In conclusion, we established and analysed the conditions for using vibrational resonance in order to enhance weak signals in a forced nonlinear oscillator, even if the system is initially monostable. The physical phenomenon is based on the resonance manipulation, thanks to a nonresonant, highfrequency amplitudemodulation drive obeying a timescale separation condition. We derived a model to describe vibrational resonance in a monostable, forced nonlinear oscillator which shows good agreement with our experimental results obtained on a forced nanoelectromechanical membrane. This deterministic amplification method gives rise to high amplification factors, especially when compared to stochastic resonance^{36}. As such, these results pave the way towards the design of novel architectures based on nonlinear dynamic resonances for weak signal amplification, as currently done by quantumlimited Josephson parametric amplifiers^{37} or, in the optical domain, by phasesensitive amplifiers in the optical domain^{38} to name a few. In a more general framework, it may open new avenues for the manipulation of nonlinear resonances with the addition of a nonresonant driving field.
Methods
Fabrication of the InP resonator membrane
The fabrication of the whole platform is based on a 3D heterogeneous integration process involving mainly four steps. First, a 400nmthick SiO_{2} layer is deposited on the 260nmthick InP membrane, which is grown along with a 500nmthick InGaAs etchstop layer on top of an InP (100) substrate by metal organic vapour phase epitaxy. Simultaneously, interdigitated electrodes (IDTs) arrays, displaying a finger period of 2 μm, finger length of 10 μm and electrode width of 500 nm, are deposited on a Si substrate. The patterning process involves an electronic lithography, deposition of a 200nmthick gold layer and standard liftoff. The Si chip is then spincoated with a 200nmthick DiVinylSiloxaneBenzoCycloButene (DVSBCB) layer, thereby planarising the Si substrate. In the second step, the InP wafer is bonded on the Si substrate at hightemperature (300 °C) by positioning the SiO_{2} layer atop the DVSBCB layer and by using a vacuum wafer bonding technique^{39}. The InP substrate and InGaAs etchstop layer are then removed by chemical etching, leaving the residual 260nmthick InP membrane on the DVSBCBSiO_{2} layer. In the third step, the InP membrane is patterned by standard ebeam lithography and dryetching, to form a twodimensional squarelattice photonic crystal of periodicity 532 nm, hole radius 181 nm and whole surface of 10 × 20 μm^{2}. It is clamped by four tethers of 2 μm length and 1 μm width, in order to reduce clamping losses. The alignment of the photonic crystal mirror with respect to the IDT’s arrays, is performed with an accuracy better than 20 nm, by making use of alignment marks deposited beforehand on the Si substrate. Last, the photonic crystal membranes are released by underetching the underlying 400nmthick SiO_{2} layer, followed by a critical point drying step. The lateral InP suspension pads act as protective structures for the SiO_{2} layer beneath them, leaving them anchored to the substrate.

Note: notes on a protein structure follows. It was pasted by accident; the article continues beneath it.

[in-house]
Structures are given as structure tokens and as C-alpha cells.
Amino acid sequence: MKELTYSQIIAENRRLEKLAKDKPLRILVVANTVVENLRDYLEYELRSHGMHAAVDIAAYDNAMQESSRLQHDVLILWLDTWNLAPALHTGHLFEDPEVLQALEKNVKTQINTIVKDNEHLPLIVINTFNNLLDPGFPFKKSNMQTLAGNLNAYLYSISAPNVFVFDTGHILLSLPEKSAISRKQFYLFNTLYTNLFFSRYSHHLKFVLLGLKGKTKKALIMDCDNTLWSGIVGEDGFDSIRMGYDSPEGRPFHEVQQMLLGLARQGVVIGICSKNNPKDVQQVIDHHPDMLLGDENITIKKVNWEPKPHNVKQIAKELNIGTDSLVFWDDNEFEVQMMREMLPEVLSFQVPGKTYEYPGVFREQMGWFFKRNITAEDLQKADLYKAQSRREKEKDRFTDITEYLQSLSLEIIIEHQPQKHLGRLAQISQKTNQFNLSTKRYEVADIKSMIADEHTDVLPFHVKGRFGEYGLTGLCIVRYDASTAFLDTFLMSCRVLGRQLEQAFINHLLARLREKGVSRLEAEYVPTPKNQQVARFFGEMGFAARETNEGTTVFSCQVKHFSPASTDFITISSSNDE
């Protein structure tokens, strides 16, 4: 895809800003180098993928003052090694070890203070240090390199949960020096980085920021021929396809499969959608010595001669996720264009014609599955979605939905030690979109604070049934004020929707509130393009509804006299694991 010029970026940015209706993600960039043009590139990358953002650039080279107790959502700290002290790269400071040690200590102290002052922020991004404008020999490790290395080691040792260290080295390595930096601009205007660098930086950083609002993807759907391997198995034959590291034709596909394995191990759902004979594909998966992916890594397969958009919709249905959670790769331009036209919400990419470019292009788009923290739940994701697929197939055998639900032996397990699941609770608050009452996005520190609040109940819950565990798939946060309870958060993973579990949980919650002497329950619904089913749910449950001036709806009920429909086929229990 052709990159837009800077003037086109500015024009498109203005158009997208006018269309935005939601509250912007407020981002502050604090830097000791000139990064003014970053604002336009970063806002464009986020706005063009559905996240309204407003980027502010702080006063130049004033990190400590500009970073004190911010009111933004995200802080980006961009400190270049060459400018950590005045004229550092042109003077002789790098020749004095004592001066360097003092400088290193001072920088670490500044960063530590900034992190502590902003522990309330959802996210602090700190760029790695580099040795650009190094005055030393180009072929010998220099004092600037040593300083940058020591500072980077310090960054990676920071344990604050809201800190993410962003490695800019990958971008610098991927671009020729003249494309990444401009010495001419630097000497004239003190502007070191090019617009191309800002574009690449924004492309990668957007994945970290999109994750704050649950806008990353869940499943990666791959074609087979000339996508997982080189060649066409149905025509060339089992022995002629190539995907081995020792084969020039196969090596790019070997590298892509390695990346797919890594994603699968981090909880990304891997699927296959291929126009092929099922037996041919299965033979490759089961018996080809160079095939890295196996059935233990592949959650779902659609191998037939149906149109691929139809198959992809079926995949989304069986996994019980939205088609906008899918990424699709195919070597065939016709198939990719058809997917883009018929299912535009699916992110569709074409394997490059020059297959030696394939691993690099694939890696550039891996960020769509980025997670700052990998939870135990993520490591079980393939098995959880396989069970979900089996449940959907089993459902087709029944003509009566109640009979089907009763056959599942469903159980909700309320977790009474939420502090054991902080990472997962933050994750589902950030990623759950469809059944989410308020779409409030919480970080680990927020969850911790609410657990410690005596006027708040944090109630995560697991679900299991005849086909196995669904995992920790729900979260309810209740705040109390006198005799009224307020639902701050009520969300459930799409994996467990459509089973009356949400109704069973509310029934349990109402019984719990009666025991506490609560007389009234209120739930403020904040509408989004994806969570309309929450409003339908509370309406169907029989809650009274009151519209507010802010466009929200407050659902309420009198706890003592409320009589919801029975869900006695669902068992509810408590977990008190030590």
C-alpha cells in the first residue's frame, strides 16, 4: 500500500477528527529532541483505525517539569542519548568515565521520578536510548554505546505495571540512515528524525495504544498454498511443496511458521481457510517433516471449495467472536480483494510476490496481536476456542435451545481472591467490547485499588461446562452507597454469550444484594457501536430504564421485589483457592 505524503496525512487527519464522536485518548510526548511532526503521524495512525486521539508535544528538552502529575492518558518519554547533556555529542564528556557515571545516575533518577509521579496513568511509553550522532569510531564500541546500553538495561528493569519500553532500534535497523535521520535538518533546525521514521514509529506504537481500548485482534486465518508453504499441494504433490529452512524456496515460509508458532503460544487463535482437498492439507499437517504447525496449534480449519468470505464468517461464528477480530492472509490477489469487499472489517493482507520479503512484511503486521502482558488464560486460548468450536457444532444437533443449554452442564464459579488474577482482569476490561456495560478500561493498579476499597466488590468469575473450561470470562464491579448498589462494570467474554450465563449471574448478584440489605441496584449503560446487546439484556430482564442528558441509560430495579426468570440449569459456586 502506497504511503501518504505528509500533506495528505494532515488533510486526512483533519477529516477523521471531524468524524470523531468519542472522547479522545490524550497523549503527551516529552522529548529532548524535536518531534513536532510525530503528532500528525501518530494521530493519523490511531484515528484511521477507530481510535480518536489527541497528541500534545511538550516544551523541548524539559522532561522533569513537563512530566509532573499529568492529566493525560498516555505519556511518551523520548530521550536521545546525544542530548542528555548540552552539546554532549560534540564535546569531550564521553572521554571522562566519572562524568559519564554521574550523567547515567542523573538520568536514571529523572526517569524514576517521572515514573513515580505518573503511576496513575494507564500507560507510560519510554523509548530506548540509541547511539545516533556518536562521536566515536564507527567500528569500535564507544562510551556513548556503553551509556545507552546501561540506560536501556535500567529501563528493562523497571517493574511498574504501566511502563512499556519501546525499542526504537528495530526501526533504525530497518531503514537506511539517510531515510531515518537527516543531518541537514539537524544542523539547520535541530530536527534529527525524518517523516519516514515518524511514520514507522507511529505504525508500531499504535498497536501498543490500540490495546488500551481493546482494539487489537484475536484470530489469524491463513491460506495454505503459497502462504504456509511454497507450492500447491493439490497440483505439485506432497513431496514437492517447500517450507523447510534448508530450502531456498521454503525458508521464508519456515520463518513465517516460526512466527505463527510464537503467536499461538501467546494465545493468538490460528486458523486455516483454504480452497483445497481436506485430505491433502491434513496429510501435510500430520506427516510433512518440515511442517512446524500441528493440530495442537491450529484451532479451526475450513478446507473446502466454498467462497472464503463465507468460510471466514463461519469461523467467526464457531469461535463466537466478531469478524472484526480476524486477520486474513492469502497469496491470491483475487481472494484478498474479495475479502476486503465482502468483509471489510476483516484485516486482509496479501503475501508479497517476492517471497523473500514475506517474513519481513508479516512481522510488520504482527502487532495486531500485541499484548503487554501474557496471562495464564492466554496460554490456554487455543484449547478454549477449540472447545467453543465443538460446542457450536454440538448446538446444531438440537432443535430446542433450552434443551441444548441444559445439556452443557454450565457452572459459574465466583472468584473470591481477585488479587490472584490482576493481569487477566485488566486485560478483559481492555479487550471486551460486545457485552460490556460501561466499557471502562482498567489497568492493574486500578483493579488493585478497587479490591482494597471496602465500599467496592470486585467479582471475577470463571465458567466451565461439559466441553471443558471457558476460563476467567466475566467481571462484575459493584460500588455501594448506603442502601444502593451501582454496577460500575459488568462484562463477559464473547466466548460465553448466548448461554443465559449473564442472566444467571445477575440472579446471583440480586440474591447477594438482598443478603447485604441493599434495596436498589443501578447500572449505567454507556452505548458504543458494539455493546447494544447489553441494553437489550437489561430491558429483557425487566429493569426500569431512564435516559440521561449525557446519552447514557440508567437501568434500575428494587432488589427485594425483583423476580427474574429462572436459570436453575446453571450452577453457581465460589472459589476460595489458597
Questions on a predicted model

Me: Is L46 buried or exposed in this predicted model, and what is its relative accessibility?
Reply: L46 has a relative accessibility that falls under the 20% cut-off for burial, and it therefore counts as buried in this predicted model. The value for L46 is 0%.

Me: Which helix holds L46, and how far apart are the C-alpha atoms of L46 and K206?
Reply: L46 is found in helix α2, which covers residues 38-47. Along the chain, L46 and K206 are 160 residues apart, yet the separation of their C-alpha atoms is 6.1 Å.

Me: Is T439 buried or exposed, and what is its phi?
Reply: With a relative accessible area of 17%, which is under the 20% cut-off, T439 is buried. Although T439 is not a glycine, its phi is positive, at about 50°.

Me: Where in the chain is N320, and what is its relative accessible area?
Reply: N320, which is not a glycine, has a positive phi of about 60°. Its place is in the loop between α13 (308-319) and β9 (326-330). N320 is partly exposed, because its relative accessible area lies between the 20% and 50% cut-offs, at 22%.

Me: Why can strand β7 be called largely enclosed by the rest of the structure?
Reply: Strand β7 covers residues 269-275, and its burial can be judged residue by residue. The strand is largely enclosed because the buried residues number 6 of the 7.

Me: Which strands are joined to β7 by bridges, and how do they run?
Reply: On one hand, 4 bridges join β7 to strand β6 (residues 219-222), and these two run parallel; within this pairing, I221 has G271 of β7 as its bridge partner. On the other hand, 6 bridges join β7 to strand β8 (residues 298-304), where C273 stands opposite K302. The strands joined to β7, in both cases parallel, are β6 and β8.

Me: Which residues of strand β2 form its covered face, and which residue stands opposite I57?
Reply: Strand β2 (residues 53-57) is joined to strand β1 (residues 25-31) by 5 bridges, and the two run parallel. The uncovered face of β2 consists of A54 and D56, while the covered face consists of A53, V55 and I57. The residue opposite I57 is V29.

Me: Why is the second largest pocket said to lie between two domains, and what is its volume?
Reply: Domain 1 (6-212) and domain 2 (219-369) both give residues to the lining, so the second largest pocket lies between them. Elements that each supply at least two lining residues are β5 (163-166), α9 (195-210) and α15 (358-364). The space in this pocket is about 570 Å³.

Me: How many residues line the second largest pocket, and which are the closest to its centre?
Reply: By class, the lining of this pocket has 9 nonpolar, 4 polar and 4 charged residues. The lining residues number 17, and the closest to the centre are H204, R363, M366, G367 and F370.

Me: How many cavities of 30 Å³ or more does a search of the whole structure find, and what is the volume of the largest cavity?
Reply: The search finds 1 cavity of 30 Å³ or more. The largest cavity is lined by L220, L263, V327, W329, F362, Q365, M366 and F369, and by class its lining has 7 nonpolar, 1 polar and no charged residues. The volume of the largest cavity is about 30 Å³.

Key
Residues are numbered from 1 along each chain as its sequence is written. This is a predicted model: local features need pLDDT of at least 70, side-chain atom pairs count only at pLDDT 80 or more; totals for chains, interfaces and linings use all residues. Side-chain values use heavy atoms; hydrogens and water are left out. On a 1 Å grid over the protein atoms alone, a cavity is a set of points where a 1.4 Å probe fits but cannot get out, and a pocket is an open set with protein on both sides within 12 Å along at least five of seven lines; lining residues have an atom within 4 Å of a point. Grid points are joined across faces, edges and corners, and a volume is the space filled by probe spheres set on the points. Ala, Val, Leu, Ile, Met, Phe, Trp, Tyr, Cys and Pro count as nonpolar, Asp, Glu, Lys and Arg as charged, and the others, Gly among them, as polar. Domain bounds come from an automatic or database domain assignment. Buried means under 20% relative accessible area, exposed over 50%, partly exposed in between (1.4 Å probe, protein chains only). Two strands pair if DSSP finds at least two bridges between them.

Measurement of the outofplane motion
A He–Ne laser with wavelength of 633 nm is sent to the membrane. The reflectivity of the membrane is enhanced up to 50% by piercing a square lattice photonic crystal in it^{40}. The laser is focused on the membrane via an objective with a NA of 0.4. The light reflected by the membrane is brought to interference with a strong local oscillator. A balanced homodyne detector locked on the drive frequency at the interferometer output is then used to decipher the amplitude and phase of the mechanical motion.
Actuation of the mechanical oscillator
The membrane is driven via the electrostatic force induced by the electrodes placed underneath. These electrodes are connected to an external signal generator which can go up to 50 MHz and is synchronised with a lockin amplifier (HF2LI) which demodulates the detected signal at the actuation frequency. For vibrational resonance, the weak (ν_{m}) modulated signal is generated by an another signal generator (Model Agilent 33522A) and combined with the additive (ν_{HF}) signal in the HF2LI. This signal is then modulated at the frequency of the quasiresonant forcing (ν_{f}) and sent to the electrodes. The electrical signal obtained from the photodiodes (Thorlabs APD120A2) is timerecorded with the oscilloscope function of the HF2LI. The sampling frequency is 900 Hz, a much higher frequency than the one of the amplified signal.
Derivation of the theoretical model
Let us consider the timescale separation ω_{m} ≪ Ω ≪ ω_{0} and the resonance condition ω_{f} ~ ω_{0}. We first look for a solution to Eq. (4) using the ansatz \(x(t)=C(t){e}^{i({\omega }_{0}+\Delta )t}+cc\) (where cc accounts for the complex conjugate term). After straightforward algebra, one gets an amplitude equation for the slow envelope C(t), assuming that \({\partial }_{tt}C\ll {\omega }_{0}^{2}C\) and ∂_{t}C ≪ ω_{0}C:
The amplitude equation (Eq. (8)) corresponds to the one of a forced oscillator with temporally modulated amplitude. Since we have a strong timescale separation of the modulation frequencies, ω_{m} ≪ Ω, one can consider the averaged variable on the short period 2π/Ω